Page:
– Share her vulnerabilities and concerns and decipher new meanings and lessons from them

– Delve into her emotions and develop a deeper understanding about their function and how they drove her behaviours.

 

It wasn’t long before I sensed a change in her demeanour. When I’d visit her school or call, there was no longer that sense of dread, that both she and I had felt in the past. Now our conversations were animated and she seemed to come alive when she became aware of the fact she had become the expert in her own situation and not me.

 

As she re-gained her confidence, as well as her understanding of the person she was becoming, the light in her eyes returned and so too her belief that she could one day become a Headteacher.

 

Lessons Learnt

 

Looking back, I learnt at least three key lessons, through being the NPQH Tutor for this individual and the many more that I ended up coaching over the years.

 

Lesson # 1: The NPQH is probably best seen as a ‘technical’ qualification that simply says to others that an individual has been on an accredited Headship Training programme. It does not convey the extent to which an individual knows how to lead ‘out of who they are.’

 

Lesson # 2: Aspiring Heads need to be supported to have conversations that keep them connected to their vocational vitality. Conversations, that are solely focused on data, assessment and justifying outcomes, have the opposite effect and education/schooling become soul less endeavours.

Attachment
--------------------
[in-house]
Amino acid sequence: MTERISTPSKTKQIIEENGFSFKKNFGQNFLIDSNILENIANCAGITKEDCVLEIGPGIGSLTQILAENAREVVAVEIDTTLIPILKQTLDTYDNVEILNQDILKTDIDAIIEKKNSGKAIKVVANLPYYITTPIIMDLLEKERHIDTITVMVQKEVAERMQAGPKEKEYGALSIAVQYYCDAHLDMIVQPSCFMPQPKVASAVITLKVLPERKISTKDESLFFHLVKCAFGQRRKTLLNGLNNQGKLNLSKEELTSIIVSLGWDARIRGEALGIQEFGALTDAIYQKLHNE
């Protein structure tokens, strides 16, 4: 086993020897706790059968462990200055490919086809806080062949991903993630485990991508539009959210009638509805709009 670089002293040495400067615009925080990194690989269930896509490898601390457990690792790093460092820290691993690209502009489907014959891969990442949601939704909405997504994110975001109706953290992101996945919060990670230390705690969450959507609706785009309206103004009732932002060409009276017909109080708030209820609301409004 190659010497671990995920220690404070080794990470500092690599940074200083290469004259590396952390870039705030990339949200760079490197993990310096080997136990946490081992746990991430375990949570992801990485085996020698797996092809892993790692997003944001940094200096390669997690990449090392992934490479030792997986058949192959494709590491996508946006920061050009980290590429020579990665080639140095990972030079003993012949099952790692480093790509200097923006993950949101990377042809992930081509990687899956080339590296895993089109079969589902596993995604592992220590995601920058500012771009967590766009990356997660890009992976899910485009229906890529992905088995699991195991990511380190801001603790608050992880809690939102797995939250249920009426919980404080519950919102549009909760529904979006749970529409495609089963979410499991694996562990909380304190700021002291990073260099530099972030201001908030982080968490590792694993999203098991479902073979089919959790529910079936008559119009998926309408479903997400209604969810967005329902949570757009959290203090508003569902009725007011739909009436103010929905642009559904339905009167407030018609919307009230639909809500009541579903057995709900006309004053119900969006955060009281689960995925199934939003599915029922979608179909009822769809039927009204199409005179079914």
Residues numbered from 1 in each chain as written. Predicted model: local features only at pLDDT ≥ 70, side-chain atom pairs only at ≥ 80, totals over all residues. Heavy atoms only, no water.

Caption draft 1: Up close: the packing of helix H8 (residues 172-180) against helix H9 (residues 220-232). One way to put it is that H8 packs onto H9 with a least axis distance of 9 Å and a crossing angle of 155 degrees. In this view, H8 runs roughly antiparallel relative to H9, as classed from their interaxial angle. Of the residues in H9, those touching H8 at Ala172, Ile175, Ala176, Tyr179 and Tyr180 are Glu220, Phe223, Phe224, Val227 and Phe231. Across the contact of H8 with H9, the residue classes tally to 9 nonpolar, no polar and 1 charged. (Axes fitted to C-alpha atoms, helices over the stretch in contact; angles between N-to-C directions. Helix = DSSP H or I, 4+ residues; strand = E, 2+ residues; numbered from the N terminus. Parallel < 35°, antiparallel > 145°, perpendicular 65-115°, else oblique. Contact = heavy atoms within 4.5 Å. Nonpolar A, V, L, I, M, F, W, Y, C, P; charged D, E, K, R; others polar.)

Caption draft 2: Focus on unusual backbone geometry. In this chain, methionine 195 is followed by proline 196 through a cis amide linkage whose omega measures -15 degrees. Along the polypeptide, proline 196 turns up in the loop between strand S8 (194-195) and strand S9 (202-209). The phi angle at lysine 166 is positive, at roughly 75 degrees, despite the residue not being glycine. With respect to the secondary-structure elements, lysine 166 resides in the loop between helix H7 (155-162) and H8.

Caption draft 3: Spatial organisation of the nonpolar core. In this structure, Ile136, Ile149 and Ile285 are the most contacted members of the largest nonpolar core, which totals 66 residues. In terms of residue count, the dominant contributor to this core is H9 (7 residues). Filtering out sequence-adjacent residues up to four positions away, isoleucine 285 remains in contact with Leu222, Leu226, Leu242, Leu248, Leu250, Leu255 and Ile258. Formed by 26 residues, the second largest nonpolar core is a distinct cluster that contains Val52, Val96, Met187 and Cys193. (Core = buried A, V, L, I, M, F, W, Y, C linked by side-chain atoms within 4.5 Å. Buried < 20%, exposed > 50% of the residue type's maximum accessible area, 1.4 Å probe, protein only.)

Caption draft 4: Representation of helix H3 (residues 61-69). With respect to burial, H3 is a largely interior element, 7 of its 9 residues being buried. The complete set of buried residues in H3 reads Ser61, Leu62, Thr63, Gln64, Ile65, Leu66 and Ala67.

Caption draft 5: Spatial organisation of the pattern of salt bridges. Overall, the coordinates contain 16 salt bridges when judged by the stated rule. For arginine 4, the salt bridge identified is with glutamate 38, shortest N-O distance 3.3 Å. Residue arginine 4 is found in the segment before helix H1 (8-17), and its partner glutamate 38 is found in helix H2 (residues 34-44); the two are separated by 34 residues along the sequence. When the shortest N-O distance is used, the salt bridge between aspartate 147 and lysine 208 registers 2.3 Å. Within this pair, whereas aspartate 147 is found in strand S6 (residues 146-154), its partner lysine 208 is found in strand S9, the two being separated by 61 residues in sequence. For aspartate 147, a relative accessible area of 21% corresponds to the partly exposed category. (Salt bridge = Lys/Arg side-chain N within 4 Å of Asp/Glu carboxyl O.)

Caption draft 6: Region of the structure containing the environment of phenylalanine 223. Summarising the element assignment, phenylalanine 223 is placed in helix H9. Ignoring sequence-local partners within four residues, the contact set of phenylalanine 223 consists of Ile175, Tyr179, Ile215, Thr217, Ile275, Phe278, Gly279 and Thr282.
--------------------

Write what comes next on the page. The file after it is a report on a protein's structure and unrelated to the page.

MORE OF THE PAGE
Lesson # 3: Aspiring Heads need spaces where they can be vulnerable, away from their peers and the scrutiny of others. They need  safe spaces to talk about their struggles, fears and doubts. Having such spaces enables them to let go of ego defences and steadily adopt more authentic approaches to their own leadership development.

 


 

It is after learning these 3 lessons and working with school leaders across the country for the last few decades, that formed the basis of a new heavily subsidised Early Headship Programme that we will be running in partnership with the NEU from January 2021.

 

It is aimed to help these leaders to navigate their first few years of their Headship, with a view to helping them build their resilience, strengthen their purpose and hopefully, keep them in the profession for the long-haul.

Consisting of expert 1:1 coaching and 5 leadership development sessions, the programme has been designed to best support emerging leaders and those starting out in Headship as they take this big step up and seek to navigate the challenges that can arise in the early years of Headship.

 

As part of this, the programme aims to help individuals develop:

– An increased ability to respond with deeper levels of self-awareness and understanding to the demands of the role

– Greater confidence and skill in managing the emotions of self and the emotions of others

– New insights and knowledge for enabling individuals to truly make the role their own

– A deeper understanding of the personal narratives that have shaped their career/leadership pathway

– Clarity on what well-being means for senior leaders and how to both survive and thrive in the role

 

The programme is open to NEU members or anyone who signs up prior to the programme commencement at a minimal cost to schools.

At a time when school budgets are severely challenged, coupled with the on-going COVID related stresses in school, we really feel that this offer of comprehensive support is very timely and incredibly generous from the NEU, the sort that doesn’t come round everyday

 

If you’d like to find out more or to apply to be part of the programme, please use the link below…

 

Find out More